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The reason Splits vs Ducted running costs are that with Ducted it has a a set pressure flow it looks for, if too much back pressure it opens at least one duct to reduce that back pressure (this duct/s are usually set ducts ie they are specifically chosen and marked in the controller). It has to have access to returns which feed the air back over the coils, so doors need to have space under them or returns placed in the rooms for proper circulation and the fan has to work to draw that air into the returns (uses a bit of power, more so than a split in a room). Even though most are inverter Tech, a 11 or so kW unit will be using a lot more power than a typical room Split of 2 - 3 kW just to heat/cool one bedroom (in part because of the pressure relief system). So say you want to heat 2 or 3 rooms at the same time you will be using around 6-9 kW (if at max) with Splits, with ducted this will be around 10-11 kW (at Max if a 11kW system). Generally with ducted you have one temp sensor so depending of it’s placement a ducted unit may run harder because it is not getting correct temp values for the room you are trying to cool or warm. Splits because they tend to be room specific they tend to get temp control judged better. Of course if you have a bigger room then running costs for that room will be more equal.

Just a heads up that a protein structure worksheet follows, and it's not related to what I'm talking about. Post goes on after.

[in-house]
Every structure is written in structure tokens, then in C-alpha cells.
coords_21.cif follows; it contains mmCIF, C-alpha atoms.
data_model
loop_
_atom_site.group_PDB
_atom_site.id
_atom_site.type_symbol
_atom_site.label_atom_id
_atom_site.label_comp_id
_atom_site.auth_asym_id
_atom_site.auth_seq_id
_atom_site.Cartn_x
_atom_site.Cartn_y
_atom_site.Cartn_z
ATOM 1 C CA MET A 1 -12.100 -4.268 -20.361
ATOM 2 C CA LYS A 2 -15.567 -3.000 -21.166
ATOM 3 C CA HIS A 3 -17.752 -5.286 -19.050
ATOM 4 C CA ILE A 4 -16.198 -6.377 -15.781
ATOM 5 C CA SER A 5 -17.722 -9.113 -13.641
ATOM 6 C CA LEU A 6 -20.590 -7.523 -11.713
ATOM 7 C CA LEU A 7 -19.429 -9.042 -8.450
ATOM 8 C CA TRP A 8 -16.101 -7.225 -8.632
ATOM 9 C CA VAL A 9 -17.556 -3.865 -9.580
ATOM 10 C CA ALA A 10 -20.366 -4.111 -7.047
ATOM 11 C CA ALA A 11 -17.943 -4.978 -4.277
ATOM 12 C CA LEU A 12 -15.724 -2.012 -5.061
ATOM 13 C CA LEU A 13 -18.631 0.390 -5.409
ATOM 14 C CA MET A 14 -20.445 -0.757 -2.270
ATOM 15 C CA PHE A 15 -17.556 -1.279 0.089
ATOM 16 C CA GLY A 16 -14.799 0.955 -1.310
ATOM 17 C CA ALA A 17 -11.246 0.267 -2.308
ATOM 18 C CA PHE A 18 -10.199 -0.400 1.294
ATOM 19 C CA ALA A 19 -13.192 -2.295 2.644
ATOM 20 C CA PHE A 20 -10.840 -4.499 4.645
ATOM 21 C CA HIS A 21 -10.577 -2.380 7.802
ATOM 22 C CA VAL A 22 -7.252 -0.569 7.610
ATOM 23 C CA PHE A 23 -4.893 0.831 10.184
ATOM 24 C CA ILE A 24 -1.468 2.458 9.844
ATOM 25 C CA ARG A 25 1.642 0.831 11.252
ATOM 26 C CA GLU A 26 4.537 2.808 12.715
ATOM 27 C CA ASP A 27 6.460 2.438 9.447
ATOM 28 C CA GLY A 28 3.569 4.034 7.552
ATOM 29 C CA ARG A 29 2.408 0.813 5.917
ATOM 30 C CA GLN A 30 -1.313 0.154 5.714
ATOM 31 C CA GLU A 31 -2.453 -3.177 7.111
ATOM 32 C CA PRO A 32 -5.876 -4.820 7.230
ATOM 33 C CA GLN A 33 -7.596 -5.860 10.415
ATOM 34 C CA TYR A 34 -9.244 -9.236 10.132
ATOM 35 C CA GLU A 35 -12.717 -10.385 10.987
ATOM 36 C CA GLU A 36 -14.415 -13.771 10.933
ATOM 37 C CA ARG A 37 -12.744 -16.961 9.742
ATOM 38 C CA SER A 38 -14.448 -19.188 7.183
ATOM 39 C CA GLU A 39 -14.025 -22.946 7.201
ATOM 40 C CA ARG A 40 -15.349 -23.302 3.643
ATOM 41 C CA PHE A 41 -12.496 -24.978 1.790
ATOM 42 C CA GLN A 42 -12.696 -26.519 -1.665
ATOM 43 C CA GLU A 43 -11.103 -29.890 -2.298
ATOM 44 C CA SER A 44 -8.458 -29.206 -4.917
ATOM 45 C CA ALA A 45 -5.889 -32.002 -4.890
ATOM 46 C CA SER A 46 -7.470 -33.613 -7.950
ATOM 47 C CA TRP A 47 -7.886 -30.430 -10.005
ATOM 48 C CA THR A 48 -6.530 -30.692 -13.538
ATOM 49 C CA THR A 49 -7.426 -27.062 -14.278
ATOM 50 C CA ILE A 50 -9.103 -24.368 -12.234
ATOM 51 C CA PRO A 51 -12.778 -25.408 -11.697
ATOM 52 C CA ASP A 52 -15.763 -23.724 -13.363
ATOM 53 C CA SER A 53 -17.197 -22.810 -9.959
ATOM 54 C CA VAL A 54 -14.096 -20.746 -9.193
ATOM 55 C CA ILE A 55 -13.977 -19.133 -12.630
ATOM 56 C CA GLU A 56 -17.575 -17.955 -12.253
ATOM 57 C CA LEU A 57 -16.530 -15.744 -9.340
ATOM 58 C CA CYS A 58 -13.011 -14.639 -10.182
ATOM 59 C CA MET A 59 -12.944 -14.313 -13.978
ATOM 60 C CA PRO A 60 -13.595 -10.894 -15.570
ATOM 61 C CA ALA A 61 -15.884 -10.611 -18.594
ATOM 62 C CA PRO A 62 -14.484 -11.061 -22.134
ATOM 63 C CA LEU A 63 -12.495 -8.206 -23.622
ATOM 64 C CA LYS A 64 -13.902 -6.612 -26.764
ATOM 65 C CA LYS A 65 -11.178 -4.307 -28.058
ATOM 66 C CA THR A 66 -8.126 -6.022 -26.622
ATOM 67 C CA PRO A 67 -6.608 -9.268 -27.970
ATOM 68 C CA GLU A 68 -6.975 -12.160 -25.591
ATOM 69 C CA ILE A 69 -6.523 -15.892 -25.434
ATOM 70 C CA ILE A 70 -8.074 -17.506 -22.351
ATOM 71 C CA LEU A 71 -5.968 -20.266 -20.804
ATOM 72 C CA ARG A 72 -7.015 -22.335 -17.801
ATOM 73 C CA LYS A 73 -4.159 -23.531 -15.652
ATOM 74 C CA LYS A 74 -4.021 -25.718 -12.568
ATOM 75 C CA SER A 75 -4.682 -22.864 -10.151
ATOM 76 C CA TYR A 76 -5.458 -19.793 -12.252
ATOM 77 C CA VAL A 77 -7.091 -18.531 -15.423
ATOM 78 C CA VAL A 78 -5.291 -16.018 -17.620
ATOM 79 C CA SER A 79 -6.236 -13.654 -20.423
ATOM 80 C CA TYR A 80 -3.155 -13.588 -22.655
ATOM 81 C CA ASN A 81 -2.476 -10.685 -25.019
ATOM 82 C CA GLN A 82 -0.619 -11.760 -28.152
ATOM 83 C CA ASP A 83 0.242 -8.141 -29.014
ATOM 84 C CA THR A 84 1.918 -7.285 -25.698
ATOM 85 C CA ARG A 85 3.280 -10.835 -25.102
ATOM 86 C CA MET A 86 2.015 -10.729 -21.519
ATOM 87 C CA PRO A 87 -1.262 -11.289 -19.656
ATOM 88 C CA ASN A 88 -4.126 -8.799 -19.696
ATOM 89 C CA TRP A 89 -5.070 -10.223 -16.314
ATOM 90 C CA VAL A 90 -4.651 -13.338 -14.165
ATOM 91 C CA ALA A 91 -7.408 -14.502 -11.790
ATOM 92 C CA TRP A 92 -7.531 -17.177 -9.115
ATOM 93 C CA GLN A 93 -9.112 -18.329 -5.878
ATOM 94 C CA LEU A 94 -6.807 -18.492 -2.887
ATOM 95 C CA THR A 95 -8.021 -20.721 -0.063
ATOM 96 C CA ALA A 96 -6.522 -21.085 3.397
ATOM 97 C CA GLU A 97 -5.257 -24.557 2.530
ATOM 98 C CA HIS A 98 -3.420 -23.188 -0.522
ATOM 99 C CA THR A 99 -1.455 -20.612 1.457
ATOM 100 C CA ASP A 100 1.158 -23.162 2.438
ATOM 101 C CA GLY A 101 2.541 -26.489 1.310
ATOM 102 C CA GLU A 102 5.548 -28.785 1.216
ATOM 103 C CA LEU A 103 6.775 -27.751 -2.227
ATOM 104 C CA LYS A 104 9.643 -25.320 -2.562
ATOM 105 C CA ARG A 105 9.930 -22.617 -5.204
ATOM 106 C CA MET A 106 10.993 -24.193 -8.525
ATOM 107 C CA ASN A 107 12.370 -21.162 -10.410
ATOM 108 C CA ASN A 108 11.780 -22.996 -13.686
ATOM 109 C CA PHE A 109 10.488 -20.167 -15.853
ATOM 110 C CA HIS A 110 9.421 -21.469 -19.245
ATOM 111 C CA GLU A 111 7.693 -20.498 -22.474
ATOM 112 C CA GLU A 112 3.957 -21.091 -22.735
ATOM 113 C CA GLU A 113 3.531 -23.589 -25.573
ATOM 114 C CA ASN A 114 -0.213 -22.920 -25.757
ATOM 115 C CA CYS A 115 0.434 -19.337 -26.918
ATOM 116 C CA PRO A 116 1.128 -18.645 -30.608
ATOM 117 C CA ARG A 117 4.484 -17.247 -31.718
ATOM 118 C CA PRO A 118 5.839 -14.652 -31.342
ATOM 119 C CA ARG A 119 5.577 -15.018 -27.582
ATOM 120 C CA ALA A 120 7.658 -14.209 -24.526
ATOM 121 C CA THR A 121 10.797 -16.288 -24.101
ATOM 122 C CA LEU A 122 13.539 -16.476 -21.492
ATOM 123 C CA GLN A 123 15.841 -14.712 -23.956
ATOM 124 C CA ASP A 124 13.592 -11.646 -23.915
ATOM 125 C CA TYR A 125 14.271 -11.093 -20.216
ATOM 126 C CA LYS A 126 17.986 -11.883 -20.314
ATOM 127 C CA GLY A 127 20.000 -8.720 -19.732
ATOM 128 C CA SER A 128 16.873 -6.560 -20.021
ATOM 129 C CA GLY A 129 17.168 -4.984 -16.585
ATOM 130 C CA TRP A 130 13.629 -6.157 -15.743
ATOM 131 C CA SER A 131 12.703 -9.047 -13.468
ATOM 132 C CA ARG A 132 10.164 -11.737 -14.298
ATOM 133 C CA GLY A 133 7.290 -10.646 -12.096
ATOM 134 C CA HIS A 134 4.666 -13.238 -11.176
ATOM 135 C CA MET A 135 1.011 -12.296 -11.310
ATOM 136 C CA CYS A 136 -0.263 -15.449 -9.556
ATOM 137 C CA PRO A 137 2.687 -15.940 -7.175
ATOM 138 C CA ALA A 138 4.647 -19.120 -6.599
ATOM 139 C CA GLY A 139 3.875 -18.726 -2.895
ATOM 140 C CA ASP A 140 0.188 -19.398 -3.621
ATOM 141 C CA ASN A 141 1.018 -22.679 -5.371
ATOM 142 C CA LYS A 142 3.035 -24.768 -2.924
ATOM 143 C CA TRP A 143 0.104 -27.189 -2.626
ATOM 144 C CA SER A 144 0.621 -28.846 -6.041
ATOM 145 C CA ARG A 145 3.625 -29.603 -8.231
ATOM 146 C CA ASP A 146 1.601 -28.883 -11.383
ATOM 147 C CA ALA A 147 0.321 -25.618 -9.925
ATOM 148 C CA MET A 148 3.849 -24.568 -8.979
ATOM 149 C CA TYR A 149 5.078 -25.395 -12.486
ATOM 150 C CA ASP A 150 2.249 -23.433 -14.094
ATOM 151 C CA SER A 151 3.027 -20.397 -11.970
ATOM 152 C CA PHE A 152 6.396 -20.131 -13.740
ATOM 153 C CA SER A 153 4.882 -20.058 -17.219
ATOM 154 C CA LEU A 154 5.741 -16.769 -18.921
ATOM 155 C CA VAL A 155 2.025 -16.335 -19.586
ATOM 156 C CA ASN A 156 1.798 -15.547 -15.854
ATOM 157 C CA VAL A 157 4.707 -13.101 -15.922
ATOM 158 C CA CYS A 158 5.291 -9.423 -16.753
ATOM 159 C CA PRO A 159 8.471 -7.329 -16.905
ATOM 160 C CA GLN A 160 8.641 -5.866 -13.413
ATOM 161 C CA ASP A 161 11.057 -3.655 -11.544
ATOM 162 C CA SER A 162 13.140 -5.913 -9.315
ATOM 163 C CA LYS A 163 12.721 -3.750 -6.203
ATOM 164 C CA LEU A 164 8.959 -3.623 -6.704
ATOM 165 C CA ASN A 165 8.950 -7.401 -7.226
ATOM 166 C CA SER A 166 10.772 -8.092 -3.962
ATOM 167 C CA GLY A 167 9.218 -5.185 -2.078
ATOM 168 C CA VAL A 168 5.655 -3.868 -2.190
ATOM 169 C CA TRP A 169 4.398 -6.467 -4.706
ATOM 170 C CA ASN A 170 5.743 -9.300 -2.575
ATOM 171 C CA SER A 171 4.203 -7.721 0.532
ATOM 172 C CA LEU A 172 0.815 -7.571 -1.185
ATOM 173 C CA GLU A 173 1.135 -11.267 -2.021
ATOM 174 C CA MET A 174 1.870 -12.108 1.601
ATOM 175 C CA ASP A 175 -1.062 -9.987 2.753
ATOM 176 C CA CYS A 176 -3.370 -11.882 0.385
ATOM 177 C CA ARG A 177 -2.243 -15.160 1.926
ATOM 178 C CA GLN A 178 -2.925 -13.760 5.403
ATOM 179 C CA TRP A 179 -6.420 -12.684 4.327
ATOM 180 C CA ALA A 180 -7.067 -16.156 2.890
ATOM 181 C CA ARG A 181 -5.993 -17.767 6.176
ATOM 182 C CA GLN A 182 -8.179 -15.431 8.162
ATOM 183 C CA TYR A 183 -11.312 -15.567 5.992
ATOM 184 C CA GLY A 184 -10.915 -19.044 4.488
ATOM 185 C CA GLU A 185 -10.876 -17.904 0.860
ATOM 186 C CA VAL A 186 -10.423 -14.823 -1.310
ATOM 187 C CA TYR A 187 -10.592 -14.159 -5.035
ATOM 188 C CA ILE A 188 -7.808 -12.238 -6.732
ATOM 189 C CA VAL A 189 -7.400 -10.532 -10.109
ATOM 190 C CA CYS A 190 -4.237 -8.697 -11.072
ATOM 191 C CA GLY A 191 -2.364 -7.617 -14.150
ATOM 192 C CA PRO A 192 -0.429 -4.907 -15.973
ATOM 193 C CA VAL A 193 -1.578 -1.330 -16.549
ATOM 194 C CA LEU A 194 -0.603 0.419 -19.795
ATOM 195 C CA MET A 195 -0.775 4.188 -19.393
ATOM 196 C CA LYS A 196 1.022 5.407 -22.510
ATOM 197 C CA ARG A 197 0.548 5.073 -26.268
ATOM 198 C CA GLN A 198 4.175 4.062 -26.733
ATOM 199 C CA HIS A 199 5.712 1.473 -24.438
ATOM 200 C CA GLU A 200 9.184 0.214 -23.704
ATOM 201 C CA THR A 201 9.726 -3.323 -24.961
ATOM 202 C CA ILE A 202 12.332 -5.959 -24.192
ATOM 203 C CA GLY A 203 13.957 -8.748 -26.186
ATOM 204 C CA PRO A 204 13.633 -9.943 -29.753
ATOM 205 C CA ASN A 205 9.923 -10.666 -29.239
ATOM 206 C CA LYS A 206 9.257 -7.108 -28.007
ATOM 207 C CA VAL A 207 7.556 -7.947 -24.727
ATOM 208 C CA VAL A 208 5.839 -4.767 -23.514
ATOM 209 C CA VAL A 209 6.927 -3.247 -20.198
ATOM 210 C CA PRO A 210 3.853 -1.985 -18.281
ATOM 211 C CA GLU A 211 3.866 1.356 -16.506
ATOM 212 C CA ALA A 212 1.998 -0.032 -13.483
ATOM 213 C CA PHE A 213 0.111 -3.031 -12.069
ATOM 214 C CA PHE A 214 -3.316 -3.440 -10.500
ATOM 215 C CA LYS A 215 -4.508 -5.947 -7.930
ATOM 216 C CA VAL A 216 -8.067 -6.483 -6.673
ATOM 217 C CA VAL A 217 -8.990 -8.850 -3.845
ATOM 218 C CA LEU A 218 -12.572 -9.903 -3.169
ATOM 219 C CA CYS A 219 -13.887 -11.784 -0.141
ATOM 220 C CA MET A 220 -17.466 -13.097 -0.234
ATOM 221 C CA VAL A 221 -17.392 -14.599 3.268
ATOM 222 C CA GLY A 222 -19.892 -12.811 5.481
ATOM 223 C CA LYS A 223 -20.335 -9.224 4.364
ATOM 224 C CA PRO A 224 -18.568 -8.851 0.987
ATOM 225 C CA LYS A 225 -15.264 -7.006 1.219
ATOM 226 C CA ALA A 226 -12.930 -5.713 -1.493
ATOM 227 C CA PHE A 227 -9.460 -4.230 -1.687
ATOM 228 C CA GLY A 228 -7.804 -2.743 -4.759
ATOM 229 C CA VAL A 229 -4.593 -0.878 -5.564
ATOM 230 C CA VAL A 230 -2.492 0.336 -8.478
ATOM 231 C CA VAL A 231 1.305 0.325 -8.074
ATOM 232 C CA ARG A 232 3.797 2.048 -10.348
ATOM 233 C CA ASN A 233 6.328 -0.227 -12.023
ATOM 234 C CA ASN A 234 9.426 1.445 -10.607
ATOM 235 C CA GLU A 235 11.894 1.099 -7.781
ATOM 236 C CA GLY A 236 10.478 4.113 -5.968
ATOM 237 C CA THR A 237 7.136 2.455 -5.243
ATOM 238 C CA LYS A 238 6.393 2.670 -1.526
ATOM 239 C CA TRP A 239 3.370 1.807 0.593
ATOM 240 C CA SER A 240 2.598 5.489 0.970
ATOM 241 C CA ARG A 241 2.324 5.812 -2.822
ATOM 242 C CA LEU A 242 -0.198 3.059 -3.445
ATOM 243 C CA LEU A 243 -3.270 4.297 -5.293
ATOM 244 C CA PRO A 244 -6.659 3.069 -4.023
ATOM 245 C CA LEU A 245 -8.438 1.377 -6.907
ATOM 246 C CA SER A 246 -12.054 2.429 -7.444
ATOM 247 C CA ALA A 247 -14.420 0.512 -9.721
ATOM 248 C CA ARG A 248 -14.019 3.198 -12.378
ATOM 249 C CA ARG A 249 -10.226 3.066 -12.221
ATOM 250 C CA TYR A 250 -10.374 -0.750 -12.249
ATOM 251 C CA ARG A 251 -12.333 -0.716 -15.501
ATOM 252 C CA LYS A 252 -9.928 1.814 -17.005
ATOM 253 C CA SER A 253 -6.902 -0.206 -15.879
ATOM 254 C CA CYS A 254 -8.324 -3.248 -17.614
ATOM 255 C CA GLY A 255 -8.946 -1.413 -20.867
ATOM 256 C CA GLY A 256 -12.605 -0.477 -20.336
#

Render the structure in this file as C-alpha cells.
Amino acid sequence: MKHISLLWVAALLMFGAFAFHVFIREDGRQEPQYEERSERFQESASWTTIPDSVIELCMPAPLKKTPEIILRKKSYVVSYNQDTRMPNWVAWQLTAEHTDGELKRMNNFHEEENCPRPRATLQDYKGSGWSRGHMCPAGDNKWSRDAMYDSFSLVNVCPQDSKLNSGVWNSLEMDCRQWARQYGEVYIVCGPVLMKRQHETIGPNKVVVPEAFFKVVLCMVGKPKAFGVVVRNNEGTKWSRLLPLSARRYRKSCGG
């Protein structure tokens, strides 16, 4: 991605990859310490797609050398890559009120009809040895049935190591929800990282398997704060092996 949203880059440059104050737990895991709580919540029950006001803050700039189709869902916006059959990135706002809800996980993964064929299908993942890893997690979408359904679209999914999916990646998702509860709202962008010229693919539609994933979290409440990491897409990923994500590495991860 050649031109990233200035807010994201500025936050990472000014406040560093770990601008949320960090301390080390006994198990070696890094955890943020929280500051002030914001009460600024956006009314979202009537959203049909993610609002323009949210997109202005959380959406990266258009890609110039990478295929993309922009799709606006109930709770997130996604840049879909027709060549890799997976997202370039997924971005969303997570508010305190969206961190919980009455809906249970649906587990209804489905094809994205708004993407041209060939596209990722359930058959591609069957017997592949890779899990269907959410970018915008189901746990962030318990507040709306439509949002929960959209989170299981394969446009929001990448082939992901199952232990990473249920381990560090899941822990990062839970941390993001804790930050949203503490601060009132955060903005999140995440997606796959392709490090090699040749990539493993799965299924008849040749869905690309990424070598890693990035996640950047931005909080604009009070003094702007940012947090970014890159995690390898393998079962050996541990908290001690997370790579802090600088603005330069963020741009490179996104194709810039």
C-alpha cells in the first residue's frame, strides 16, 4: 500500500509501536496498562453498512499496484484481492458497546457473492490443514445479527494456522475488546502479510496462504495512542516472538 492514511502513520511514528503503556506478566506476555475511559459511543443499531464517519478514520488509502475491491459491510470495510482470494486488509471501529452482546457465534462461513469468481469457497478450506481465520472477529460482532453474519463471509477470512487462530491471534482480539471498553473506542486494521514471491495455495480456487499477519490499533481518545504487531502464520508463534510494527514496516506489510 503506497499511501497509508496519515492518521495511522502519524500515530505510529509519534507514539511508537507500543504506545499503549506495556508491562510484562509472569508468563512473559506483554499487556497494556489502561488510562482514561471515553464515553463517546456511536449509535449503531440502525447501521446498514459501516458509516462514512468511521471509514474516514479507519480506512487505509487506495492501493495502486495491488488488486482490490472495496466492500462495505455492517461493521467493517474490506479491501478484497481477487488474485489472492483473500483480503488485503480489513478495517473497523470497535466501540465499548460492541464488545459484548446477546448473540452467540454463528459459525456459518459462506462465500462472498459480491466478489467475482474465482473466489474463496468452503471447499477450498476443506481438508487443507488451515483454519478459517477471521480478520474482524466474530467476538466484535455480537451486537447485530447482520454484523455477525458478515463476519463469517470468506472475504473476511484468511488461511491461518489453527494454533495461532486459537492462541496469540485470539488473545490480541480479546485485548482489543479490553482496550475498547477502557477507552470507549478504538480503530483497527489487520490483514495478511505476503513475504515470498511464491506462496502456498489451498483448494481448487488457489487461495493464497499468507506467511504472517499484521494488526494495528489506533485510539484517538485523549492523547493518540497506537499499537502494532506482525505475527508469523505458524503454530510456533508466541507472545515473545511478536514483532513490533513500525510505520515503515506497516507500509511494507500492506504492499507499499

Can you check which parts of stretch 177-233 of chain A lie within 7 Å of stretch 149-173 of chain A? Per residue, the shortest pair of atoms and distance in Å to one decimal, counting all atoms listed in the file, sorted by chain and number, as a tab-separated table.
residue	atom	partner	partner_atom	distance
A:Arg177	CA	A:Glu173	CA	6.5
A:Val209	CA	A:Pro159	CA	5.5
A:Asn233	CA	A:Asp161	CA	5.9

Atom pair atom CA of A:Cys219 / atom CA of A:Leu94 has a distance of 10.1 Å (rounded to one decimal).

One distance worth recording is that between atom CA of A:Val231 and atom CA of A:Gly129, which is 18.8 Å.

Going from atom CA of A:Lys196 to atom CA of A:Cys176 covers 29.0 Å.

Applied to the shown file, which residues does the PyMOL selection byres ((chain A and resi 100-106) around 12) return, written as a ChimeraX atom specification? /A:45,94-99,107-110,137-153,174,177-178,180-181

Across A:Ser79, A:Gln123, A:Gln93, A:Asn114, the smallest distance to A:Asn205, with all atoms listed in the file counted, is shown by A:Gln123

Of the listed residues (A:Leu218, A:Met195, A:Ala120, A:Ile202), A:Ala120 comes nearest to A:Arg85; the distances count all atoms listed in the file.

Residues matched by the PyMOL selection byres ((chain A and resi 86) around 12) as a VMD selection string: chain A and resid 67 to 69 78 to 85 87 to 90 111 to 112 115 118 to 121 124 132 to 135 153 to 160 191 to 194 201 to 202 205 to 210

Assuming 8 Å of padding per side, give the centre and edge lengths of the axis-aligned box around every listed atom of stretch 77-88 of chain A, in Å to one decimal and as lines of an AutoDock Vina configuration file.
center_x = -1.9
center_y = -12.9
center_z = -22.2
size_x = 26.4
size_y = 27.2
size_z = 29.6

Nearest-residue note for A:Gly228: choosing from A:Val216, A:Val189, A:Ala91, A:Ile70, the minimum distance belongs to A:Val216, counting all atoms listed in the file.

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Since the question comes from a retired couple I feel incumbent to add context that might or might not be relevant.

When we reach a certain age more and more products are likely to outlive us, so the whole of life costs are not as important as installation and cash flow to run them.

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Good point Phil but the value of the estate is also a consideration. I am of an age when I have started thinking about these things too. Another consideration is the environment. I regret now replacing our gas system a few years back as ultimatley they are producing CO2 and contributing to warming, whereas an electric unit can (potentially) be powered by renewable sources - including dometic solar. Also, I doubt gas wil get any cheaper, whereas I think the oppostie is true of electricity. Reverse cycle units seem to be the obvoius choice, but a little research may identify other options. They do offer the opportunity to localise heating to reduce consumptoin, rather than heat the hwoel house whne it is not required too. Ultimately they would add value to the property, whereas a gas unit may be less deisrabe, particulary in a few years.